The Social Security Administration announced on Tuesday that it expects to pay out more money than it takes in this year. That means that it will have to draw on its trust fund for the first time since 1982.
The annual report from the trustees had predicted there would be a shortfall, but not until 2021.
Social Security makes payments to recipients from tax revenue and with interest from the trust fund. Unfortunately, it is estimated that the trust fund will be depleted by 2034.
If this plays out the way the trustees are predicting, recipients will only receive about 75% of the scheduled benefits.
Of course, Congress could step in and fix Social Security by raising taxes.
But let’s assume that nothing happens and Social Security falls short. How do you prepare for retirement if your benefits are going to be three-quarters of what you were expecting?
Obviously you have to make changes soon if you expect to get less from Social Security. If your employer offers a 401(k), you should contribute as much as you possibly can to it, as long as it has good fund choices.
Many people only contribute the amount that gets matched by the employer, but you can contribute 100% of your income up to $18,500 or $24,500 if you are 50 or older.
Even if your employer only makes a matching contribution up to 6%, the contributions you make to the 401(k) are taken out pre-tax and then the funds grow tax free, so you are lowering your current taxes and your portfolio is growing tax free.
Paying as little in taxes in retirement will become even more important if Social Security is reduced. Investing in municipal bonds can produce tax-free income, but the interest rates aren’t very high.
Corporate bonds tend to pay a higher interest rate, but the interest you receive is taxable. You may want to use a blend of investments to maximize your income and minimize your taxes.
You can calculate the taxable equivalent of municipal bonds rather easily and it is a useful practice. You take your tax bracket and subtract from one and then divide the tax-free rate by the reciprocal.
For instance, if your tax rate is 25%, subtract that from one (1-0.25=0.75). Now to compare any tax-free yield with a taxable yield you divide the tax-free yield by 0.75.
For instance, in order for a taxable yield to be better than a 3% tax free rate, it would need to be 4% or higher (3/0.75=4).
To use a real world example, the current yields on two municipal bond ETFs are 2.22% and 2.3%. If we divide 2.3% by 0.75, the taxable equivalent yield would need to be 3.06% or higher.
The current yield for the iShares iBoxx Investment Grade Corp Bond ETF (NYSE: LQD) is 3.3%. This means the taxable yield is a little better than the tax-free yield.
Many companies pay dividends that produce a higher yield than municipal bonds, but the dividends are usually taxed at your regular income tax rate. Stocks are also considered riskier investments than muni bonds, so you want to keep that in mind as well.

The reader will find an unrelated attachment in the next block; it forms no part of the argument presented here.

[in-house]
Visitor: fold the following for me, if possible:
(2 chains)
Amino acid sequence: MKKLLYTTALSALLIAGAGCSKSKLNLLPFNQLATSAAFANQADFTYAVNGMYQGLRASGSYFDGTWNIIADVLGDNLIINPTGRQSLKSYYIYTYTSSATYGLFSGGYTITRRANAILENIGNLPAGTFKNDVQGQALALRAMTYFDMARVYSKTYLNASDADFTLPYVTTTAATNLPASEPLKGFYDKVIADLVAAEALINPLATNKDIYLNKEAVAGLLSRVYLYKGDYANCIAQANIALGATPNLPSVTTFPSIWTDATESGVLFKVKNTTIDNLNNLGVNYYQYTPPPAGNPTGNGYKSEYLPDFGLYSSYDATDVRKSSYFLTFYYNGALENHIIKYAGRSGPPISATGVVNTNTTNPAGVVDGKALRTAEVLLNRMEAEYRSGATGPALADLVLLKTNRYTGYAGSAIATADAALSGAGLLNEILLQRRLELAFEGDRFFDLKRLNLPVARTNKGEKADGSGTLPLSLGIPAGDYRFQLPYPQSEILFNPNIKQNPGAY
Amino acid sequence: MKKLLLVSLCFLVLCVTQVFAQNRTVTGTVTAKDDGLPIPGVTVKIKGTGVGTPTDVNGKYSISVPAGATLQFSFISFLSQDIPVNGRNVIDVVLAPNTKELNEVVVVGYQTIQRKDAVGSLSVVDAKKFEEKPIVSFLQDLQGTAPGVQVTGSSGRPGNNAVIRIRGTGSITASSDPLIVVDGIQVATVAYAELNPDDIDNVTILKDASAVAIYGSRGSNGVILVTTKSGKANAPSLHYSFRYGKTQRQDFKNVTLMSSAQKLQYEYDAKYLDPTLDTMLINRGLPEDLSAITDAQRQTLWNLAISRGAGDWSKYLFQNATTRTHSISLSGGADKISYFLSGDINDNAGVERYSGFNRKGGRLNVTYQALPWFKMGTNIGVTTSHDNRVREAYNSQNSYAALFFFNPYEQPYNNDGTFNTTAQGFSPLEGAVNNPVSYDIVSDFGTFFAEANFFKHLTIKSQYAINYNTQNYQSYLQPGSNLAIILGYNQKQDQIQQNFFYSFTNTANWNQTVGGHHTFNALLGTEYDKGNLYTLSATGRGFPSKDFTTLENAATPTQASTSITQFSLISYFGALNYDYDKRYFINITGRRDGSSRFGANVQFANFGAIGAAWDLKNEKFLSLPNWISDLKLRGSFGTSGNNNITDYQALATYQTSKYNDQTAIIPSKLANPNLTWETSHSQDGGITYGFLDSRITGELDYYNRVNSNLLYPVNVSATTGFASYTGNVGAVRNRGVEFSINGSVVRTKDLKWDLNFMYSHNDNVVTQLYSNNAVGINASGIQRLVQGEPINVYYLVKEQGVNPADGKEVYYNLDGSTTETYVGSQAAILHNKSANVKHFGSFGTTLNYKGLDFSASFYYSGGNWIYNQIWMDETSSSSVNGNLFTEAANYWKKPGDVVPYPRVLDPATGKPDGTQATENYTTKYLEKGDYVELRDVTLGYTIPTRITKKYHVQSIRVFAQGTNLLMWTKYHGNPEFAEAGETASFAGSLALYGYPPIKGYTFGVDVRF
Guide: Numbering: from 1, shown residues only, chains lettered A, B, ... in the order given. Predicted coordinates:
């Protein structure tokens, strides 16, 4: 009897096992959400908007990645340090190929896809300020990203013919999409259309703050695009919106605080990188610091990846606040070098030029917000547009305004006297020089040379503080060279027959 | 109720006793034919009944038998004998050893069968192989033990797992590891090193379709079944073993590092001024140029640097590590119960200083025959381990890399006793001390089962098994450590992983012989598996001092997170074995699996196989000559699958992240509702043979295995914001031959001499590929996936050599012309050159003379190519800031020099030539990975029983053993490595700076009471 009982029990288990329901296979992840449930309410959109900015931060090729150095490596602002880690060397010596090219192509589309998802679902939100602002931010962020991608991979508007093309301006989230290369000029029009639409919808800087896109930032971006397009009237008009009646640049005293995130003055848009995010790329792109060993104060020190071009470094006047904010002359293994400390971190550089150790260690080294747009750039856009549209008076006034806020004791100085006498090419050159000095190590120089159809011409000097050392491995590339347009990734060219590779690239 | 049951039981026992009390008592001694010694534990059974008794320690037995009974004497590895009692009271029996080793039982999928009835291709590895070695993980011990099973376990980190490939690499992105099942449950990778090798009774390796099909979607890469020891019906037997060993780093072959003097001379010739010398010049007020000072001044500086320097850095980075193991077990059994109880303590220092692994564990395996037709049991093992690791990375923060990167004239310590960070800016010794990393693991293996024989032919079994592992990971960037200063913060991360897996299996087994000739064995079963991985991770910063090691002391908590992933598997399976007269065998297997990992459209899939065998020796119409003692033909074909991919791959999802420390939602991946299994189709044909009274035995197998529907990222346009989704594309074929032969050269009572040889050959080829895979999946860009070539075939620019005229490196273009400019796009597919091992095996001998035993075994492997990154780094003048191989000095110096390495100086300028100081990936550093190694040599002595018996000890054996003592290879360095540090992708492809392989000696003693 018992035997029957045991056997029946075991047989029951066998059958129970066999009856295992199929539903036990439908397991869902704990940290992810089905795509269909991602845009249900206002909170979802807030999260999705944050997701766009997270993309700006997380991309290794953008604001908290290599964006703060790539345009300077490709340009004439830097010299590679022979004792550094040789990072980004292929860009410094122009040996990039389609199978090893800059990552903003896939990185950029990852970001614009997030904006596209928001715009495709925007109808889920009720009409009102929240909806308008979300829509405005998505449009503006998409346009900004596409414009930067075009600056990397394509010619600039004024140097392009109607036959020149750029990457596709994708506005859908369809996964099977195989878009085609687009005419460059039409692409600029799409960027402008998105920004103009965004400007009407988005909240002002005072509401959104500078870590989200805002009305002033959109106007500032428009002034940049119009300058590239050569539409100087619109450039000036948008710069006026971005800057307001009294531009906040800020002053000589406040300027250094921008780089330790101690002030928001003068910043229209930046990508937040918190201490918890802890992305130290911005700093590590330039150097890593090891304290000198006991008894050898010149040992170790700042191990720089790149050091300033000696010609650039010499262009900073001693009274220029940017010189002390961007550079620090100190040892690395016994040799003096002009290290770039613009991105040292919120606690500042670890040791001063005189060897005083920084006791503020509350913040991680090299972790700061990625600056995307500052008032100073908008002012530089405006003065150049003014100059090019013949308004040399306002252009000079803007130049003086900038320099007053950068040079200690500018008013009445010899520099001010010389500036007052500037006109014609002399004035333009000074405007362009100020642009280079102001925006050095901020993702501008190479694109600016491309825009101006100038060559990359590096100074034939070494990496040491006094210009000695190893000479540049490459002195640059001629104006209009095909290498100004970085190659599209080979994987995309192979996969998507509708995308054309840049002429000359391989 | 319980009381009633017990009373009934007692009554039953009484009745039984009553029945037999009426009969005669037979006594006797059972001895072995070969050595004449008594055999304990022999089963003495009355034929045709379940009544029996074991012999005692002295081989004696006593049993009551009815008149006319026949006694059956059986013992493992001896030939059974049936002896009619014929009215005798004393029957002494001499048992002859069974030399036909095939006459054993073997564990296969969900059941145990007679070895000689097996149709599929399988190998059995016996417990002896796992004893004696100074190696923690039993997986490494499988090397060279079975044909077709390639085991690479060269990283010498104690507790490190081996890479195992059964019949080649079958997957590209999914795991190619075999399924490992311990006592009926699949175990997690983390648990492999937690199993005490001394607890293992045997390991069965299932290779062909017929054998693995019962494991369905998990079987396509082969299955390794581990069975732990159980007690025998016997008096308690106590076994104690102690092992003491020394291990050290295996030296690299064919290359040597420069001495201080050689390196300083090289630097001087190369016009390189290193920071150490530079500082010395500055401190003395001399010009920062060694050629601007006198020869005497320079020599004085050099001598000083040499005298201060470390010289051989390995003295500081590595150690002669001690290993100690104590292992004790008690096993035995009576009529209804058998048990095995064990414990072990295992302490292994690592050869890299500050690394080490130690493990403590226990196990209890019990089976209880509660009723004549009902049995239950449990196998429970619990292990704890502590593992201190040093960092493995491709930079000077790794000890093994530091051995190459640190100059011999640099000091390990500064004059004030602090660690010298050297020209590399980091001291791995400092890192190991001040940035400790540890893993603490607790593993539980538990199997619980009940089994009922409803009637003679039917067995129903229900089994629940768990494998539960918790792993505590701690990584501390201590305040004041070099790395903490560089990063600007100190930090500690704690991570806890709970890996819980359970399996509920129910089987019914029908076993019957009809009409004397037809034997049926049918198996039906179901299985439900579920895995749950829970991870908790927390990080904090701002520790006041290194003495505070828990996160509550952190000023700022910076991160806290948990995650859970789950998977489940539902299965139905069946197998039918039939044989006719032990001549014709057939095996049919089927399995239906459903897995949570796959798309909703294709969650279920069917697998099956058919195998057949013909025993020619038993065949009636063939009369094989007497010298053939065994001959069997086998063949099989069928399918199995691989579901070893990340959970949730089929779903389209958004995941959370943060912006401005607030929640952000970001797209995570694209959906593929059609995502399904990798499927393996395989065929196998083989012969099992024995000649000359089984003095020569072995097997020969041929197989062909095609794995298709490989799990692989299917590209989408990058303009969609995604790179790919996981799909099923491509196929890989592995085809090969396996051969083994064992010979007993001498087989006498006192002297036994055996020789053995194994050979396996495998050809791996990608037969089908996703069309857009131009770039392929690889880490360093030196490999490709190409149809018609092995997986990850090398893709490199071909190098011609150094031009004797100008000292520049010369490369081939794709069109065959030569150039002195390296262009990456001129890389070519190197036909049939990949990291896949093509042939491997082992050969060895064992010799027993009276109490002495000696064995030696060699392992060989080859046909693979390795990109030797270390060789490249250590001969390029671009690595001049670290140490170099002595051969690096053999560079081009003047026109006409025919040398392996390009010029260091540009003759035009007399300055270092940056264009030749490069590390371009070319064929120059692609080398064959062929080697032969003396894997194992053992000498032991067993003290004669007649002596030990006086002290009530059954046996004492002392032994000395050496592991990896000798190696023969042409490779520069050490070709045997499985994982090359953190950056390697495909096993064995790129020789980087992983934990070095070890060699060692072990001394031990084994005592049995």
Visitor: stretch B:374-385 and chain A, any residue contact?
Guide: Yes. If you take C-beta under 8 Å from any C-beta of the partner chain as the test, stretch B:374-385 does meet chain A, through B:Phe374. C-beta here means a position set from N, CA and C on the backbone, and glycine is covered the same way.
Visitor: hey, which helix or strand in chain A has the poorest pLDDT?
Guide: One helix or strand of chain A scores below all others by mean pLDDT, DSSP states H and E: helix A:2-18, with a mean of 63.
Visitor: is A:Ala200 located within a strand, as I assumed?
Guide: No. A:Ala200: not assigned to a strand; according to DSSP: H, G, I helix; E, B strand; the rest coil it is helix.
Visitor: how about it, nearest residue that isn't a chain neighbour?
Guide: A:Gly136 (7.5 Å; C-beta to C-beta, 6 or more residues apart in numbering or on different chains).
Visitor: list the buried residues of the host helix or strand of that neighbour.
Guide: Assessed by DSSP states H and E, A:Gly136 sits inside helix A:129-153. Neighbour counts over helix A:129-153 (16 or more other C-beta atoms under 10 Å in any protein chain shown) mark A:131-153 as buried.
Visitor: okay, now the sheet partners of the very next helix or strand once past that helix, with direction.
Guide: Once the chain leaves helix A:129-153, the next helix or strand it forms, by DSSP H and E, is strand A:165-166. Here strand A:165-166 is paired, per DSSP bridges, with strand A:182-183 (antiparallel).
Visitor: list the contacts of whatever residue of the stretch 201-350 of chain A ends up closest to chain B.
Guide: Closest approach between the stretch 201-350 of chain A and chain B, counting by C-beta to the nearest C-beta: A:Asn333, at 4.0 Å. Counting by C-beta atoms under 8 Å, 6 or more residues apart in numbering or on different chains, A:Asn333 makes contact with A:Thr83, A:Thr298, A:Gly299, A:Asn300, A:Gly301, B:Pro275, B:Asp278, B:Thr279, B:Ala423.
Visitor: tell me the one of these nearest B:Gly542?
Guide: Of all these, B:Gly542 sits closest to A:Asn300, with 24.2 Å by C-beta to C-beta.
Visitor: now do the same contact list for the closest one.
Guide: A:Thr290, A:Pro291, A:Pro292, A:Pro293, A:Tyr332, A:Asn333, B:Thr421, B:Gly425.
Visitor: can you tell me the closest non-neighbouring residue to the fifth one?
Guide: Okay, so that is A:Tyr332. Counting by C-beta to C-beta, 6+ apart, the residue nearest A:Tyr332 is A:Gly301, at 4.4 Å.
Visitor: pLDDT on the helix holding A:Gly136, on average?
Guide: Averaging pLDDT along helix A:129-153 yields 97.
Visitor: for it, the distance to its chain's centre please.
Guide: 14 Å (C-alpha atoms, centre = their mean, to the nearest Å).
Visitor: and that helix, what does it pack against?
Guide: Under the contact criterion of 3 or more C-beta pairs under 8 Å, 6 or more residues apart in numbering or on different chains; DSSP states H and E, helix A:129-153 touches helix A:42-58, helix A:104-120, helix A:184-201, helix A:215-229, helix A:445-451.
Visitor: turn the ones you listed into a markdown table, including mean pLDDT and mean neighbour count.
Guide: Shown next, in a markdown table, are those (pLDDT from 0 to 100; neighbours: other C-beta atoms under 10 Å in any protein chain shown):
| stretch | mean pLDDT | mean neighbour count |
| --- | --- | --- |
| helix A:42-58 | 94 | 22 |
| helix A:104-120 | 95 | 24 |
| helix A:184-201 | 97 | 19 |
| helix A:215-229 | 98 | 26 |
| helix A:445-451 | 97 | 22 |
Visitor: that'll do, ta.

The municipalities that issue bonds are required to pay you your interest. A corporation isn’t required to pay stockholders a dividend.
Another possible solution for tax-free income in retirement is a Roth IRA. The Roth is different in that your contributions are made with post-tax dollars.
Distributions aren’t taxed and the capital gains while the assets are in the account aren’t taxed.
Keep in mind though that there are limitations to the Roth in terms of who can open one and the account has to be open for five years before the distributions are made, otherwise they can be subject to taxes.
As 0f 2018, the maximum income levels are $135,000 for single filers and $199,000 for married couples that file jointly. Just like it is with traditional IRAs, the maximum contribution is $5,500 if you are under 50 and $6,500 if you are over 50.
If you qualify, another popular strategy is to convert traditional IRAs or 401(k) assets to a Roth IRA. It is a little tricky because you will have to pay taxes on the distribution amount from the traditional IRA or 401(k), but it will grow tax free and then you don’t have to take mandatory distributions or pay taxes on the withdrawals in retirement.
One way this can be handled to minimize the tax consequences is to plan the conversion for a year when you know your income will be lower.
For instance, if you plan to retire when you are 65 and plan to retire in the first quarter of the year, your total income for that year will be much lower than it would have been if you worked the whole year. This would be an ideal year to convert assets to a Roth IRA.
These are just a few ideas on how you can be better prepared for retirement and boost your income if you are already there. Making the most of your own investments is going to become even more important once the Social Security trust fund is depleted and benefits are cut.
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